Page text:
US consumer prices soar in March on back of Russia-Ukraine war

Consumer price index surged 1.2% as cost of petrol rose to record high

The consumer price index surged 1.2 per cent last month as Russia's war against Ukraine pushed the cost of petrol to record highs. AFP
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US monthly consumer prices increased by the most in 16-and-a-half years in March as Russia's war against Ukraine inflated the cost of petrol to record highs, cementing the case for a 50 basis points interest rate rise from the Federal Reserve.

The consumer price index surged 1.2 per cent last month, the biggest monthly gain since September 2005, the Labour Department said on Tuesday. The CPI advanced 0.8 per cent in February.

Tuesday's report is no surprise to the White House, which expected a sharp increase in consumer prices.

President Joe Biden's administration expected inflation to be "extraordinarily elevated due to [Russian President Vladimir] Putin's price hike," White House Press Secretary Jen Psaki told reporters during a Monday briefing.

Petrol prices on average soared to an all-time high of $4.33 per gallon in March, AAA said. While fuel was the main driver of inflation last month, food and services such as rental housing also made strong contributions.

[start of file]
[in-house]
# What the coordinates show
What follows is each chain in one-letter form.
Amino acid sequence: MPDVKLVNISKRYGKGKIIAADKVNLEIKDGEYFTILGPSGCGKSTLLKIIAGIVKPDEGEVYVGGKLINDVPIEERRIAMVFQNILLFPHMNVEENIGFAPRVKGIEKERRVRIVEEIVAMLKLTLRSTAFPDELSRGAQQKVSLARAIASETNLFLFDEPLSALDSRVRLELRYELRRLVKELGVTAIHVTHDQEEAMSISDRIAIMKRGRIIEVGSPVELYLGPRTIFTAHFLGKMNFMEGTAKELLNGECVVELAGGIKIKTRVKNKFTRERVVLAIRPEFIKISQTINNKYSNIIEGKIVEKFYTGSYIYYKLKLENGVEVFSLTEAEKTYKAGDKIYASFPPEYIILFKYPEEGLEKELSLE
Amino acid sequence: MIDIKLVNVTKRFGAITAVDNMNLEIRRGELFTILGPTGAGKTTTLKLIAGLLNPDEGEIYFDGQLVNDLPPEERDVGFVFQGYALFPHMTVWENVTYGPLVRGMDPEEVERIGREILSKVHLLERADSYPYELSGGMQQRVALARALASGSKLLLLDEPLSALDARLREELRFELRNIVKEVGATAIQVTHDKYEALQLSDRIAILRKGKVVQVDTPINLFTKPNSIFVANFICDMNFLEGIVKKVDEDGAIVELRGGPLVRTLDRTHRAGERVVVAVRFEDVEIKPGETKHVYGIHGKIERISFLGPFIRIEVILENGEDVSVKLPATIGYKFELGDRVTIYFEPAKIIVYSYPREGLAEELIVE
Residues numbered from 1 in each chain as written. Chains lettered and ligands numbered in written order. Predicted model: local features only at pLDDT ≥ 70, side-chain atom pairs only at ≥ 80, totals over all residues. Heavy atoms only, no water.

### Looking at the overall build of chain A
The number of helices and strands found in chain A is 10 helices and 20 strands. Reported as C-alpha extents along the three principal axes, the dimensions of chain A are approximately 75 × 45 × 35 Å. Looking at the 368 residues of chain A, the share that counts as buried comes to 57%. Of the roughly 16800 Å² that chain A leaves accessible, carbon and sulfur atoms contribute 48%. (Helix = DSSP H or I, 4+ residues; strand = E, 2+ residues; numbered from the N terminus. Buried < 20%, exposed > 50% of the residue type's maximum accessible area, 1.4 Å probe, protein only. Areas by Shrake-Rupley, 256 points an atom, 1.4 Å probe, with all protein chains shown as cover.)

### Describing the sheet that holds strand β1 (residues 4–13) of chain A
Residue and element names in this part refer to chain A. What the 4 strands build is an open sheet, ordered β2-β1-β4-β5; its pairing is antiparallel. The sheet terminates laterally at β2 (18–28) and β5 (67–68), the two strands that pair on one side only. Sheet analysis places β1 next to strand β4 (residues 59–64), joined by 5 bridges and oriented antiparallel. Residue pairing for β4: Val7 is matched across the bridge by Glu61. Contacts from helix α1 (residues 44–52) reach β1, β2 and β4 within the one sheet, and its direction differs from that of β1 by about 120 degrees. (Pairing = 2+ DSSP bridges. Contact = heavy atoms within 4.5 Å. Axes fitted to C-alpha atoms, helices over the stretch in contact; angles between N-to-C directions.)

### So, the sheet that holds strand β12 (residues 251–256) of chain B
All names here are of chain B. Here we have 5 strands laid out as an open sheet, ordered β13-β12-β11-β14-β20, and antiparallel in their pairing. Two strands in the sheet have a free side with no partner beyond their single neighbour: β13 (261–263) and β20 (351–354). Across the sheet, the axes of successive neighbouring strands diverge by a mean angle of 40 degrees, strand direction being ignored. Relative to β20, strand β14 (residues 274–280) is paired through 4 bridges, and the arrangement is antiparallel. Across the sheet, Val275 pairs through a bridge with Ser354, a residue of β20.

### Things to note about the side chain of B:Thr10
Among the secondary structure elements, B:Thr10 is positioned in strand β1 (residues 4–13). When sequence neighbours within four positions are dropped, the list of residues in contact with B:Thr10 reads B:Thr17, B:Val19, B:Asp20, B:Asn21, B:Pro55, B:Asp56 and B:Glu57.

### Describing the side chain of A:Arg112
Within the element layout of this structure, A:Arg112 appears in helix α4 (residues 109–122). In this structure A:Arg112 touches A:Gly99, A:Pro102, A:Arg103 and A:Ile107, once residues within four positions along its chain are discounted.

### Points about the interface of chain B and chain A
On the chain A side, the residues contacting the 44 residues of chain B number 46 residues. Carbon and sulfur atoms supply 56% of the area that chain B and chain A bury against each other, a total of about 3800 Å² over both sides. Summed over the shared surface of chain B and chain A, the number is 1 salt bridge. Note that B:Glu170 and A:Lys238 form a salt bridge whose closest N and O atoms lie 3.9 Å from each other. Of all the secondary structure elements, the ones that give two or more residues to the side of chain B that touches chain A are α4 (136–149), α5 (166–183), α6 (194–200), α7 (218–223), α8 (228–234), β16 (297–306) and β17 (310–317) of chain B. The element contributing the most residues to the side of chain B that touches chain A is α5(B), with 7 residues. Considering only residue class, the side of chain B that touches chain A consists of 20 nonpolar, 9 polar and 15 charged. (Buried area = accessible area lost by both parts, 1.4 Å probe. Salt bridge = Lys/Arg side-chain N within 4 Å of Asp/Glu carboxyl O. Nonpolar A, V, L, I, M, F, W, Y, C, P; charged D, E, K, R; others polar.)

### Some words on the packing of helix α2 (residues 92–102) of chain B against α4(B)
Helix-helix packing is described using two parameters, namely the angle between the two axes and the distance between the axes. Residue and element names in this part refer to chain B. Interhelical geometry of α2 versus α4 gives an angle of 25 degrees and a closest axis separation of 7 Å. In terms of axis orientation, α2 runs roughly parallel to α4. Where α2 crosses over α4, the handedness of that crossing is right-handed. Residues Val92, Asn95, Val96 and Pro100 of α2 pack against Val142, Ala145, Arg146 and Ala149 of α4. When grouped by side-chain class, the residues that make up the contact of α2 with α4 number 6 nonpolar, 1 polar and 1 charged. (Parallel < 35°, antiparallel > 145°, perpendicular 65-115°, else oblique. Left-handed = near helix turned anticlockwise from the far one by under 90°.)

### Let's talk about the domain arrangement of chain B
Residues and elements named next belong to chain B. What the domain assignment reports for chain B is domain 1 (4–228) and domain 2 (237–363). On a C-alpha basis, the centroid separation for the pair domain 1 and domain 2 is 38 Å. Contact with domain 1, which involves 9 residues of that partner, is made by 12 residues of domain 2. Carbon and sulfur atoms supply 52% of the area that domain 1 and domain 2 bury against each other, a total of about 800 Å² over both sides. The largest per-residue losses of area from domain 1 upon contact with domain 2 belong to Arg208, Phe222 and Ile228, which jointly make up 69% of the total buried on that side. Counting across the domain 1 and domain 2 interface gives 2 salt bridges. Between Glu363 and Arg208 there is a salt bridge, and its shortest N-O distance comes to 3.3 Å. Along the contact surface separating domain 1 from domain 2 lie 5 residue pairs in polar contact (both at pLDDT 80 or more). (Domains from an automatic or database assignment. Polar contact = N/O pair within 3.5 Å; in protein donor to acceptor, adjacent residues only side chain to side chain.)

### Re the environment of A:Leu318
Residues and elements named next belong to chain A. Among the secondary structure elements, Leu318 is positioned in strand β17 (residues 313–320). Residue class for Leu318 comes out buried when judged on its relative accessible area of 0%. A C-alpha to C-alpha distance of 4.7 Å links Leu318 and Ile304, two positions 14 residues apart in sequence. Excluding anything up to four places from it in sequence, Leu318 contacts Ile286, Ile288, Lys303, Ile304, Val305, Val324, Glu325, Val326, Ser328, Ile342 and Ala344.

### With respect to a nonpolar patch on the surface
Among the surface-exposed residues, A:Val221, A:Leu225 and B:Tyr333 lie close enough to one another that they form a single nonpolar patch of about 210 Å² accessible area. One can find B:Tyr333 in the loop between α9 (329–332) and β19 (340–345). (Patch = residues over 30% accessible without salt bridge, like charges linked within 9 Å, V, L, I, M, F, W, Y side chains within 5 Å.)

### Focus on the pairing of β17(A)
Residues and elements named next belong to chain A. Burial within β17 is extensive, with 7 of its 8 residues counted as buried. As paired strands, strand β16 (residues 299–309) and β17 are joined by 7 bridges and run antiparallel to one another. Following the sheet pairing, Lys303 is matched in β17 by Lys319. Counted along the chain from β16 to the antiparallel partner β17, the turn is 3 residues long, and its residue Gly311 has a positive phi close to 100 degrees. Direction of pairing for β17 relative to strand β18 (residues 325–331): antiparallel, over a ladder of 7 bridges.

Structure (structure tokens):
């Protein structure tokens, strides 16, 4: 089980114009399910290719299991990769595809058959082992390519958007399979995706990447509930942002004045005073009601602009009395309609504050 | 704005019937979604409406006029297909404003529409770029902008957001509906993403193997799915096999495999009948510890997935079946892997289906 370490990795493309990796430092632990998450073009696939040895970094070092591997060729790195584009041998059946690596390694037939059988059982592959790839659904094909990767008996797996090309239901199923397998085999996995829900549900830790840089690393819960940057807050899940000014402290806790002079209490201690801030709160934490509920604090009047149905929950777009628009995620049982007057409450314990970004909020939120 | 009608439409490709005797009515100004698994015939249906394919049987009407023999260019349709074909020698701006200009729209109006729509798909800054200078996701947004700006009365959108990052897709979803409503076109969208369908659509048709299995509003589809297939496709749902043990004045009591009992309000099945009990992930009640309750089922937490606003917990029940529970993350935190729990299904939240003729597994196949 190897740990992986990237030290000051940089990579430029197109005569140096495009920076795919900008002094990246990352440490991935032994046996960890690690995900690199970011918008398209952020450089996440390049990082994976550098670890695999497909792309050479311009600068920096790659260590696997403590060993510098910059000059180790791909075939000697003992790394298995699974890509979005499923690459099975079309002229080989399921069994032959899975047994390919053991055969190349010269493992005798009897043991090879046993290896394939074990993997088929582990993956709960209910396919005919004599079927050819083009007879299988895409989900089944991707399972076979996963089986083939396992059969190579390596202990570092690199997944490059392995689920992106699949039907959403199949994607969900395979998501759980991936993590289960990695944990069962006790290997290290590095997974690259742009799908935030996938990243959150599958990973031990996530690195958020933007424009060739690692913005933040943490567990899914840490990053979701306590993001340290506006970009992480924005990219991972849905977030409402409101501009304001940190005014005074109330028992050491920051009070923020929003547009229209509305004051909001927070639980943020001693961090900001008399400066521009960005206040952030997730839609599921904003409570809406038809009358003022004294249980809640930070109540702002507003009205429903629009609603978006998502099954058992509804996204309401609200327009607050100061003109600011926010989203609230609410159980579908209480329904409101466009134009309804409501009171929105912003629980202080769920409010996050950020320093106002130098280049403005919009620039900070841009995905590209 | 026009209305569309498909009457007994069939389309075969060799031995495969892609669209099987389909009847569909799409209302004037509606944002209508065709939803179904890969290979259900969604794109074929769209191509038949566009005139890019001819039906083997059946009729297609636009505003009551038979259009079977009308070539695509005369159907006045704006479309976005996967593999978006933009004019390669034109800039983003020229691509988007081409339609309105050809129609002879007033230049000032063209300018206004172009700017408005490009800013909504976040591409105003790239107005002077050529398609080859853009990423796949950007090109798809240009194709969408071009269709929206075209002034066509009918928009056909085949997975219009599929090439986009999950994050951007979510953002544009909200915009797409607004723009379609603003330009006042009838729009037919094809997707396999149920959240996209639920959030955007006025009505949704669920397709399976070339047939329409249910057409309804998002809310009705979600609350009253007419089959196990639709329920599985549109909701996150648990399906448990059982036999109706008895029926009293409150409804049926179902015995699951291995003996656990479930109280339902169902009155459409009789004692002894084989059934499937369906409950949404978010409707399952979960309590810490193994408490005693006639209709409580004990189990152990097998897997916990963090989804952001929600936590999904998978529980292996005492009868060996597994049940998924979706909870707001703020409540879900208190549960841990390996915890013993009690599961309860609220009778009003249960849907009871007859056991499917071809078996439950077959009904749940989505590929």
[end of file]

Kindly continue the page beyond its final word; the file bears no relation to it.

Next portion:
Russia is the world's second-largest crude oil exporter. The US has banned imports of Russian oil, liquefied natural gas and coal as part of a range of sanctions against Moscow over its invasion of Ukraine.

In addition to pushing up petrol prices, the Russia-Ukraine war, now in its second month, has led to a global surge in food prices as the countries at war are both major exporters of commodities such as wheat and sunflower oil.

In the 12 months through to March, the CPI accelerated 8.5 per cent. That was the largest year-on-year gain since December 1981 and came after a 7.9 per cent jump in February. It was the sixth straight month of annual CPI readings above 6 per cent.

Economists polled by Reuters had forecast consumer prices advancing 1.2 per cent in March and vaulting 8.4 per cent year-on-year.

The strong inflation readings came after data last month showed the unemployment rate dropping to a two-year low of 3.6 per cent in March.

The US central bank in March raised its policy interest rate by 25 basis points, the first increase in more than three years. Minutes of the policy meeting published last week appeared to set the stage for big rate increases.

High inflation and the Fed's hawkish posture have left the bond market fearing a US recession, though most economists expect the expansion will continue.

Many believe March could mark the peak in the annual CPI rate but warn that inflation could remain well above the Fed's 2 per cent target at least until 2023.

Petrol prices have retreated from record highs but still remain above $4 per gallon. Last year's high inflation readings will also start falling from the CPI calculation.

Excluding the volatile food and energy components, the CPI rose 0.3 per cent after gaining 0.5 per cent in February. The core CPI increased by 6.5 per cent in the 12 months ending in March, the largest advance since August 1982, after rising 6.4 per cent in February.

Lockdowns in China to contain a resurgence in Covid-19 infections are perhaps putting more strain on global supply chains, which could keep goods prices elevated. Rising rents for housing are also expected to keep core inflation high.

Updated: April 12, 2022, 1:23 PM